PHILISTINES IN MEXICO
THOUGH THE PRESIDENT'S first paper on foreign affairs was couched in general terms, it pronounced a curse upon a conspirator who had violently seized control of Mexico. This adventurer, General Victoriano Huerta, had revolted against his chief, President Madero, who in d had promised to liberate his people from the semifeudal system under which Mexico had been ruled by old Porfirio Diaz for a generation.
Madero was besieged in Mexico City on February 9, 1913, by troops commanded by Felix Diaz, a nephew of the former ruler; and after resigning and accepting Huerta's promise of safe-conduct out of the country, Madero was shot dead on the 23rd while being taken from prison to a penitentiary by an armed escort. Huerta's junta claimed that the prisoner was attempting to escape, and Henry Lane Wilson, the ambassador of the United States at Mexico City, voiced the satisfaction of the foreign colony in the restoration of order after days of violence. Many Americans, however, were not satisfied by the official explanation of Madero's death, which seemed to them merely a Latin euphemism for murder. It was taken for granted that Huerta was, to say the least, not ignorant of the plot; and there were allegations that the ambassador could have saved Madero's life.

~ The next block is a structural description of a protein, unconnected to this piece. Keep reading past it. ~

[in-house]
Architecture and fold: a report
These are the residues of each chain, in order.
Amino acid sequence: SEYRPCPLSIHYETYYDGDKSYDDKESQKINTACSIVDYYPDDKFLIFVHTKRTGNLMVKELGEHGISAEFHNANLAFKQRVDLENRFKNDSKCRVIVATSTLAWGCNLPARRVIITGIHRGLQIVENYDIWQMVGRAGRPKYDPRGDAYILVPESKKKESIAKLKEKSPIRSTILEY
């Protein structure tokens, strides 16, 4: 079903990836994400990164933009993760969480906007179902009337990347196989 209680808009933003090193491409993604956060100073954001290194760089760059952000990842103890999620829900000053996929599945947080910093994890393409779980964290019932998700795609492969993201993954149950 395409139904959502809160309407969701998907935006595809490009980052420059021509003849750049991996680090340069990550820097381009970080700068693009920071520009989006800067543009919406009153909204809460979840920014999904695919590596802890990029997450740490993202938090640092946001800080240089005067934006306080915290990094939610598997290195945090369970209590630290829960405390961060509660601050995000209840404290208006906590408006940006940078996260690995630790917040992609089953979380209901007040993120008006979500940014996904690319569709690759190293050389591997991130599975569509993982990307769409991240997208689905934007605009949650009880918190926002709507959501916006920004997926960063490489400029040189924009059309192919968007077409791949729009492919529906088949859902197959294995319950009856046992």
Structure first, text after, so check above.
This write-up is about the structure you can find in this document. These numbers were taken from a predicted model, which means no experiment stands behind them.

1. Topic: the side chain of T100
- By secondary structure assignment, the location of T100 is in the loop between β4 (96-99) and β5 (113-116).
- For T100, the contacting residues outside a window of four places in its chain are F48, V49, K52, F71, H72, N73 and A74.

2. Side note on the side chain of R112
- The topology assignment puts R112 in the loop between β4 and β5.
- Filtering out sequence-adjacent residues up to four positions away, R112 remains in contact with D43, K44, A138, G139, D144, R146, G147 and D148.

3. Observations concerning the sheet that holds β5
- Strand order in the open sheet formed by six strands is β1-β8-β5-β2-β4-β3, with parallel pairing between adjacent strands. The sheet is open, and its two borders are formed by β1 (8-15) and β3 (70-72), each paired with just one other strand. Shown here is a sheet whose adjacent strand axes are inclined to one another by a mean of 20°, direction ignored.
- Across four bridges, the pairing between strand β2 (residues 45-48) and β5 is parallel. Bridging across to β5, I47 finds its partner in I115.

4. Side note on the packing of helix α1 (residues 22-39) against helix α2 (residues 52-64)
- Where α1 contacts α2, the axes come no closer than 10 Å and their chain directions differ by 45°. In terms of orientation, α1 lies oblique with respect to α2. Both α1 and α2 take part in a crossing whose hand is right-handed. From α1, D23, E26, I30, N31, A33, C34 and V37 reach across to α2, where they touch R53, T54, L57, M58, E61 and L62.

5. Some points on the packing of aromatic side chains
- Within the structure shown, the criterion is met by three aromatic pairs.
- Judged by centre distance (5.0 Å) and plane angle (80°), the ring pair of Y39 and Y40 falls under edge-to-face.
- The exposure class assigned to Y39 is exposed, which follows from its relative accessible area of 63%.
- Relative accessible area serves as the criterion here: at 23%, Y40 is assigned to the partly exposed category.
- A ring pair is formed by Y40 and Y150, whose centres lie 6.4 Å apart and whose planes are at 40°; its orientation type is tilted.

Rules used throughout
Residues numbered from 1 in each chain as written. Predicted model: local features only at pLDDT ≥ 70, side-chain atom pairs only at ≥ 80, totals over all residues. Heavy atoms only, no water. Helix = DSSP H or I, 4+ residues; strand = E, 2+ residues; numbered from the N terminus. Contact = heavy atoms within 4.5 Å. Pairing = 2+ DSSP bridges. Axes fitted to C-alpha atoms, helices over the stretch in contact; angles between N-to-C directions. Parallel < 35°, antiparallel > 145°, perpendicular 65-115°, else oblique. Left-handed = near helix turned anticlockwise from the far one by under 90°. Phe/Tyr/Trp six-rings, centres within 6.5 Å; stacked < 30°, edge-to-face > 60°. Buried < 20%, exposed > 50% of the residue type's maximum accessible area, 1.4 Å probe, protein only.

The shooting of Madero filled Woodrow Wilson with indignation so deep that it seemed impossible for him to deal with the usurper. Among the White House family, Huerta's name could not be mentioned without a grimace and a scorching adjective, and Mrs. Wilson equated the rascal with all that was vile. "I will not recognize a government of butchers," the President said to a friend. Fearing that similar brutality might appear in other Latin-American countries, he proclaimed through the press on March 11: "We can have no sympathy with those who seek to seize the power of government to advance their own personal interest or ambition."
Alarming reports of violence came from American consuls in Mexico, and news that a follower of Madero--Venustiano Carranza of Coahuila Province--had proclaimed himself provisional president. All this made Wilson dubious of Huerta's assertion that he had pacified the country and would arrange constitutional elections. He distrusted reports favor